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7.15D: Pathogenicity Islands

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    Learning Objectives
    • Describe pathogenicity islands

    Pathogenicity islands (PAIs) are a distinct class of genomic islands acquired by microorganisms through horizontal gene transfer. They are incorporated in the genome of pathogenic organisms, but are usually absent from those nonpathogenic organisms of the same or closely related species. These mobile genetic elements may range from 10-200 kb and encode genes which contribute to the virulence of the respective pathogen. Typical examples are adherence factors, toxins, iron uptake systems, invasion factors, and secretion systems. Pathogenicity islands are discrete genetic units flanked by direct repeats, insertion sequences or tRNA genes, which act as sites for recombination into the DNA. Cryptic mobility genes may also be present, indicating the provenance as transduction. One species of bacteria may have more than one PAI (i.e. Salmonella has at least 5). They are transferred through horizontal gene transfer events such as transfer by a plasmid, phage, or conjugative transposon.

    Figure: Horizontal Transfer: Pathogenicity islands are transferred horizontally, this details some of the ways that occurs.

    Pathogenicity islands carry genes encoding one or more virulence factors, including, but not limited to, adhesins, toxins, or invasins. They may be located on a bacterial chromosome or may be transferred within a plasmid. The GC-content of pathogenicity islands often differs from that of the rest of the genome, potentially aiding in their detection within a given DNA sequence. PAIs are flanked by direct repeats; the sequence of bases at two ends of the inserted sequence is the same. They carry functional genes, such as integrases, transposases, or part of insertion sequences, to enable insertion into host DNA. PAIs are often associated with tRNA genes, which target sites for this integration event. They can be transferred as a single unit to new bacterial cells, thus conferring virulence to formerly benign strains.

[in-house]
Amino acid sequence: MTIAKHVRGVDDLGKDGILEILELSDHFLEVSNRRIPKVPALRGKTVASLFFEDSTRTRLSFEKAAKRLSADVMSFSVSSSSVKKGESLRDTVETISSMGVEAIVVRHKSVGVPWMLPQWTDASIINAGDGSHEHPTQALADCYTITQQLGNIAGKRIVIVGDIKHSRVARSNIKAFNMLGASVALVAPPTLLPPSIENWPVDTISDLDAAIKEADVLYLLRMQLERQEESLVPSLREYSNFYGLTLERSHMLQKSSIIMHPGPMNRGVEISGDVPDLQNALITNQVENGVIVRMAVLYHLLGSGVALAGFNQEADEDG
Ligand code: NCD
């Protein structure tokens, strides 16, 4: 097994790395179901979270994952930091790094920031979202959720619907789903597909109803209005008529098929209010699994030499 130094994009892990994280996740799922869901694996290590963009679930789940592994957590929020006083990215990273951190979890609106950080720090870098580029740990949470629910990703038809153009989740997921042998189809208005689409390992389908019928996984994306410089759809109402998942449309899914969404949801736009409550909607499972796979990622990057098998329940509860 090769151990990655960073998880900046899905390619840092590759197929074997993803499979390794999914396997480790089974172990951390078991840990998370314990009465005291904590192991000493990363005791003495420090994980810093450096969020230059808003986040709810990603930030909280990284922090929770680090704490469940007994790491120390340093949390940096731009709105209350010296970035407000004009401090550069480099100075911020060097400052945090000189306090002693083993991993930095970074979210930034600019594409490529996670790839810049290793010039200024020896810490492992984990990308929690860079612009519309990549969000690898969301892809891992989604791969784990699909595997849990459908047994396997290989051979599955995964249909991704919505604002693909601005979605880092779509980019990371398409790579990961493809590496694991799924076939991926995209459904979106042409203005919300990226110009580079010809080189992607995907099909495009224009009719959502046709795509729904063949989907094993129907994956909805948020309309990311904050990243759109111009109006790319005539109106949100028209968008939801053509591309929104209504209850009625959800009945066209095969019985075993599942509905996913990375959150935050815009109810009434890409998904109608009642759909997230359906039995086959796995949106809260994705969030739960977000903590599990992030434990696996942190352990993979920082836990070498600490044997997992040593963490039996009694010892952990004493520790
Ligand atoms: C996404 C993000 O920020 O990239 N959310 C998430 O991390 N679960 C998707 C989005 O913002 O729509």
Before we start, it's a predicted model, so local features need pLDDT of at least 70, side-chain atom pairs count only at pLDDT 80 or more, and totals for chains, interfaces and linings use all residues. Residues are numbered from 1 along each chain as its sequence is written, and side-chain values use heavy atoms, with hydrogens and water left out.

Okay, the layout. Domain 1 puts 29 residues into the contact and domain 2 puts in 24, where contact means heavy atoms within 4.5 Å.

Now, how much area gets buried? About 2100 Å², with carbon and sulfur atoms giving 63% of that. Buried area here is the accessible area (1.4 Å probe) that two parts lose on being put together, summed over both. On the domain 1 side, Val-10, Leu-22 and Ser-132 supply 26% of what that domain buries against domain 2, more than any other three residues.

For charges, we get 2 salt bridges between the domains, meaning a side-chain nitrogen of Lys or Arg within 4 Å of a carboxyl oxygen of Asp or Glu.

Key Points

    • A host may have more than one pathogenicity island.
    • Pathogenicity islands are transferred horizontally, through plasmids or transposons.
    • The addition of a pathogenicity island to a non-invasive species can make the non-invasive species pathogenic.

    Key Terms

    • horizontal gene transfer: The transfer of genetic material from one organism to another one that is not its offspring; especially common among bacteria.
    • transposon: A segment of DNA that can move to a different position within a genome.
    • integrase: Any enzyme that integrates viral DNA into that of an infected cell.



    This page titled 7.15D: Pathogenicity Islands is shared under a CC BY-SA 4.0 license and was authored, remixed, and/or curated by Boundless.

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